Forced into Glory

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Forced into Glory: Abraham Lincoln's White Dream (ISBN 0-87485-085-1) is a book by the African American scholar and historian, Lerone Bennett, Jr., published in 2000. It attacks Abraham Lincoln and claims that his reputation as the "Great Emancipator" is undeserved.

The introduction to the book says that the "basic idea of the book is simple: Everything you think you know about Lincoln and race is wrong. Every schoolchild, for example, knows the story of 'the great emancipator' who freed Negroes with a stroke of the pen out of the goodness of his heart. The real Lincoln... was a conservative politician who said repeatedly that he believed in white supremacy. Not only that: He opposed the basic principle of the Emancipation Proclamation until his death and was literally forced - Count Adam Gurowski said he was literally whipped - 'into the glory of having issued the Emancipation Proclamation,' which Lincoln drafted in such a way that it did not in and of itself free a single slave."

The book is dedicated to individuals whom Bennett calls "the real abolitionists", including Frederick Douglass, Thaddeus Stevens and Wendell Phillips. In the dedication, he praises them for forcing "Lincoln into glory."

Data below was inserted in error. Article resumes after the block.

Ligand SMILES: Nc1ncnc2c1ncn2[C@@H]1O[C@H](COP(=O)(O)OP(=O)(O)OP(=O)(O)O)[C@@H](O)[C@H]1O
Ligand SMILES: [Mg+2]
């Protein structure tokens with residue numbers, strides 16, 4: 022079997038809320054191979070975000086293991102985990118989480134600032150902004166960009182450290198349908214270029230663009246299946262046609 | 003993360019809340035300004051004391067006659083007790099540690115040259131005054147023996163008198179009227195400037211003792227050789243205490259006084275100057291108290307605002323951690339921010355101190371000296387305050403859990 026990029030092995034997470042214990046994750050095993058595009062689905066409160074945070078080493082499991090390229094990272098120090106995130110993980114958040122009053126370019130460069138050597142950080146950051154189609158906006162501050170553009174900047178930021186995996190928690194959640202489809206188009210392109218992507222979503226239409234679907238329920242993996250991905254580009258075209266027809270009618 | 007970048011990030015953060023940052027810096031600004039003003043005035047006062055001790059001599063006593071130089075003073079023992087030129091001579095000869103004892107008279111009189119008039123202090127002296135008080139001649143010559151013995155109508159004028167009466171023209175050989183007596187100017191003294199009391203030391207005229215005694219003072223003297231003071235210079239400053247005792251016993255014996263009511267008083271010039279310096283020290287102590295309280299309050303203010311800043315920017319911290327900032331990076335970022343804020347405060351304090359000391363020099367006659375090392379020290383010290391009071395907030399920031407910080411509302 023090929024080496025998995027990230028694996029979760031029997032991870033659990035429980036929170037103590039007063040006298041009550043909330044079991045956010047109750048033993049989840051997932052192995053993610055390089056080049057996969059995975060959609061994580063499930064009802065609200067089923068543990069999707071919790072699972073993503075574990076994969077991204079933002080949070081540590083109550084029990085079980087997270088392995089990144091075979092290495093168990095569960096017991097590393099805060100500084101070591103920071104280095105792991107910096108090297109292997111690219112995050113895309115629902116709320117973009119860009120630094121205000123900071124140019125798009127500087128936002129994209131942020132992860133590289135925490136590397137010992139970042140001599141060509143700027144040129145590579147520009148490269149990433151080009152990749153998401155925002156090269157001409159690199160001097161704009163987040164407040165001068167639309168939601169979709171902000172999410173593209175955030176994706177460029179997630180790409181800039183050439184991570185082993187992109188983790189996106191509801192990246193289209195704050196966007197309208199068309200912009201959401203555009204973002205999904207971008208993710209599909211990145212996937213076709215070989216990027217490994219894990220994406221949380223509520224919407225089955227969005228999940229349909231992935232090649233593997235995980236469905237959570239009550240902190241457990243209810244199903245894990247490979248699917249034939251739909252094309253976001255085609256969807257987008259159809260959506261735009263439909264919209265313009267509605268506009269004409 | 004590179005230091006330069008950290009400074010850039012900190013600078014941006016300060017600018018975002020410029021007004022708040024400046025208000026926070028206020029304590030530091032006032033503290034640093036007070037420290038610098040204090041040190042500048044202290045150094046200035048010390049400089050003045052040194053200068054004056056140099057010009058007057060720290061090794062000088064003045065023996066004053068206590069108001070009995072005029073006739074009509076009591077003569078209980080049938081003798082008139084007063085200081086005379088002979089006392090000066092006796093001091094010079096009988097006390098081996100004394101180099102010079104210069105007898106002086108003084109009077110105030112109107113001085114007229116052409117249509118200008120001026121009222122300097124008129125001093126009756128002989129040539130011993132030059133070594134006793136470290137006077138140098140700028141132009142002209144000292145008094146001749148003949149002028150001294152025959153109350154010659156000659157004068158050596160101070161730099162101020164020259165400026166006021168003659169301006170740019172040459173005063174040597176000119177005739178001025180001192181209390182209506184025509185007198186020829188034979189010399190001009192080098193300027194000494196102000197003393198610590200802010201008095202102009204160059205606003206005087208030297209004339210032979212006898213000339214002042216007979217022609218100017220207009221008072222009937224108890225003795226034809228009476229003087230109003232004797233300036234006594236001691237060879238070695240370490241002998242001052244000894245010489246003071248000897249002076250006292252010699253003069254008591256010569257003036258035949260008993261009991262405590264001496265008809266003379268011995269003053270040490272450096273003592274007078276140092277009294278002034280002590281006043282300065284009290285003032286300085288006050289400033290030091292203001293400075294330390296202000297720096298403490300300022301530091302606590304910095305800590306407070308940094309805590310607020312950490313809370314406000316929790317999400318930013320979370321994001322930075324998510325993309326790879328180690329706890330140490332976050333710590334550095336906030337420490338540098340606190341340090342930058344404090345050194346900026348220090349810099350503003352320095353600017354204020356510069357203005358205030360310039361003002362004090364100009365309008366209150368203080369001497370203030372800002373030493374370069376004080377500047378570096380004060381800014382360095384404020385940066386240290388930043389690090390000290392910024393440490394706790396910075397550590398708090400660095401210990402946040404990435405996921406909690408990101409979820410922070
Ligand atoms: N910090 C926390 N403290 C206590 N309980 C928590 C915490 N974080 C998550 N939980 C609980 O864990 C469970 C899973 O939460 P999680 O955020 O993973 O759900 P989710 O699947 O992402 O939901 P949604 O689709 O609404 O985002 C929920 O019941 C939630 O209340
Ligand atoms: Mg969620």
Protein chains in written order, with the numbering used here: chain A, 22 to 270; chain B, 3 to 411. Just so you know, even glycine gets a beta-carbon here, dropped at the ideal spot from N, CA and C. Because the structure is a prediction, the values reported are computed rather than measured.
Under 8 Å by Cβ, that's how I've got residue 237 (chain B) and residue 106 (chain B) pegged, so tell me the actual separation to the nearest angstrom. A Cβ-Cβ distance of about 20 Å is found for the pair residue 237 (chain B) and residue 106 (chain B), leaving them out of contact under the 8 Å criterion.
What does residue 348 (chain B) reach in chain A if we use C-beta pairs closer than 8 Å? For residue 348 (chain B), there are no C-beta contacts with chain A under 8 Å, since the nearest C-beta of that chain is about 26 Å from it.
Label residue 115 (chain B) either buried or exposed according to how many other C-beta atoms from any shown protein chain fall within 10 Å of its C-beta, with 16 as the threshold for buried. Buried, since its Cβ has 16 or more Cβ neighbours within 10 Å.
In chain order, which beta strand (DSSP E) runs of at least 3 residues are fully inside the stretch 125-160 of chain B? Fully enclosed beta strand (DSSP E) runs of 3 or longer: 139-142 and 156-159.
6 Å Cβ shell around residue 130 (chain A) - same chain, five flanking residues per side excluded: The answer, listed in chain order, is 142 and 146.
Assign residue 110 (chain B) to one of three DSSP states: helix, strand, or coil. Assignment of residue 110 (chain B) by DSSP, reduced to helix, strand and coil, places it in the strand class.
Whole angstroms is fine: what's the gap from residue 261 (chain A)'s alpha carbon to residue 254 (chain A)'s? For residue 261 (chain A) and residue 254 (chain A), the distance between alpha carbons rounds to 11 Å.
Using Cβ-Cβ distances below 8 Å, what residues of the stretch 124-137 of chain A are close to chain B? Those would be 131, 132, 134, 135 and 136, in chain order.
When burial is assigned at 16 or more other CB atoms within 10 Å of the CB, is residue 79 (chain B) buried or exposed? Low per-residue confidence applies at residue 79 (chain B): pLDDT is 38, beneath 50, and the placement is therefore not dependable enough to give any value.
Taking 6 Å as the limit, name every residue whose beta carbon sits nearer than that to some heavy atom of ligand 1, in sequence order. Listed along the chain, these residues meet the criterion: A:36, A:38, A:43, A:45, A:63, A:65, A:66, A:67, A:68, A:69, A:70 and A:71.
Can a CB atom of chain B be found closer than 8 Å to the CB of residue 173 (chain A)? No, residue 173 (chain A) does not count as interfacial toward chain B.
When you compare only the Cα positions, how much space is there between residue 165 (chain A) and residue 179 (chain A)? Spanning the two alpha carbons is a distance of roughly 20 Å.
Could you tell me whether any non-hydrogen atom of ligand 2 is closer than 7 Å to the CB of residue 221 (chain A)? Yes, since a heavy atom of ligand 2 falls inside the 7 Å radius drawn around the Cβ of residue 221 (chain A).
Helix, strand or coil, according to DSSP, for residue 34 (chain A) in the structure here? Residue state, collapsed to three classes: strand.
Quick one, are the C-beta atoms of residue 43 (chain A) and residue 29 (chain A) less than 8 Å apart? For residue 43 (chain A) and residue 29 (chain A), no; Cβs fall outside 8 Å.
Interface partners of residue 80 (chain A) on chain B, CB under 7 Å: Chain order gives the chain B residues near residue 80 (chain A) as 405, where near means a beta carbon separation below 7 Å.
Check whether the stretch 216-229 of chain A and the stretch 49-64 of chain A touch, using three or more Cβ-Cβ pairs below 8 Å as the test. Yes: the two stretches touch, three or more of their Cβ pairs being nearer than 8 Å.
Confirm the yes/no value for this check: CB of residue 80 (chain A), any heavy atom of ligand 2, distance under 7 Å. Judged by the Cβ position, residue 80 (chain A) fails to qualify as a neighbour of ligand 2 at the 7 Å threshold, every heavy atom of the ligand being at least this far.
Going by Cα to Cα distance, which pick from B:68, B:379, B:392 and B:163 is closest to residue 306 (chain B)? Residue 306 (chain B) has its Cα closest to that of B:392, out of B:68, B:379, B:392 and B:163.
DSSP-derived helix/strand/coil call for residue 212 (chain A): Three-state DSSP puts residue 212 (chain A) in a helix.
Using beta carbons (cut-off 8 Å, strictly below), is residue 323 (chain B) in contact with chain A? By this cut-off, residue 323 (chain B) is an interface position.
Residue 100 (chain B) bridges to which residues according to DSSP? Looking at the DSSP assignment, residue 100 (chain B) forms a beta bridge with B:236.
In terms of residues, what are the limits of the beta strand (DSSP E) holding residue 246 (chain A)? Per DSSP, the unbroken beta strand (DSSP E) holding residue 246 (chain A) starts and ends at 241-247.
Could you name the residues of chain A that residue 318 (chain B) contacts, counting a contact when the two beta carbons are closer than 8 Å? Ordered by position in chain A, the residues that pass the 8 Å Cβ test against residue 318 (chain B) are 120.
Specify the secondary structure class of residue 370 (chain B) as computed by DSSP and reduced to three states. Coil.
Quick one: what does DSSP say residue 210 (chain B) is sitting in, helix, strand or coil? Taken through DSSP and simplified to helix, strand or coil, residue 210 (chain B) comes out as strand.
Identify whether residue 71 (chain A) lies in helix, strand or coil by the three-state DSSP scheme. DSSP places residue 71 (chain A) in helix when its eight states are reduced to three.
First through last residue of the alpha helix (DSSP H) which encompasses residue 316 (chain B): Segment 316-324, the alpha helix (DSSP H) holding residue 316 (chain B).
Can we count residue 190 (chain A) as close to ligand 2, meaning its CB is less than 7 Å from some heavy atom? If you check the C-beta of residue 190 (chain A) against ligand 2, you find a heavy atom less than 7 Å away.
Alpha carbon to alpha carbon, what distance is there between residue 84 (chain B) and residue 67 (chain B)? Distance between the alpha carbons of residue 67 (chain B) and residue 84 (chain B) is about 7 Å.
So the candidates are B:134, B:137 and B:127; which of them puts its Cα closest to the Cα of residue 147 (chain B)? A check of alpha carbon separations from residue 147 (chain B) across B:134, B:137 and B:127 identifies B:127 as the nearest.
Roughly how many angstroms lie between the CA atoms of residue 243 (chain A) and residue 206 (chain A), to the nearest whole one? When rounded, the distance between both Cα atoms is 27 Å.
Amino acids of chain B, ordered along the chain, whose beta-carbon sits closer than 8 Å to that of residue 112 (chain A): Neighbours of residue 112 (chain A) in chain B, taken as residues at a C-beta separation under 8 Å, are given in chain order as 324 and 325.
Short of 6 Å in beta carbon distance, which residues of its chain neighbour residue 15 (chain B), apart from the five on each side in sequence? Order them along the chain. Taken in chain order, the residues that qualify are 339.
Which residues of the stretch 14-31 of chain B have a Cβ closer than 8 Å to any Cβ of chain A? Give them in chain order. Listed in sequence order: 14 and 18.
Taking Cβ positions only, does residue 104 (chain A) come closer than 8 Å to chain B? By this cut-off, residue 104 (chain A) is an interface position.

Historian Brian Dirck states that "Few Civil War scholars take Bennett... seriously, pointing to... [his] narrow political agenda and faulty research."[1]

Bennett's critics believe that he ignored Lincoln's political and moral growth during the Civil War and oversimplified the complexities of the times on issues of race. They disagreed with Bennett, claiming that Lincoln was instrumental in creating the framework that brought freedom to slaves in the United States.[2][3][4]

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References[edit]

  1. ^ Dirck, Brian. "Father Abraham: Lincoln’s Relentless Struggle to End Slavery, and: Act of Justice: Lincoln's Emancipation Proclamation and the Law of War, and: Lincoln and Freedom: Slavery, Emancipation, and the Thirteenth Amendment (review)". Civil War History September 2009. Vol.55,Iss.3;p.382-385
  2. ^ McPherson, James M (2000-08-27). "Lincoln the Devil". The New York Times. Retrieved 2007-07-26. 
  3. ^ Foner, Eric (2000-04-09). "Recent Book Reviews". Los Angeles Times Book Review. Retrieved 2007-07-26. 
  4. ^ Morel, Lucas E. (Fall 2000). "Forced into Gory Lincoln Revisionism". Claremont Review of Books. The Claremont Institute. Retrieved 2007-07-26.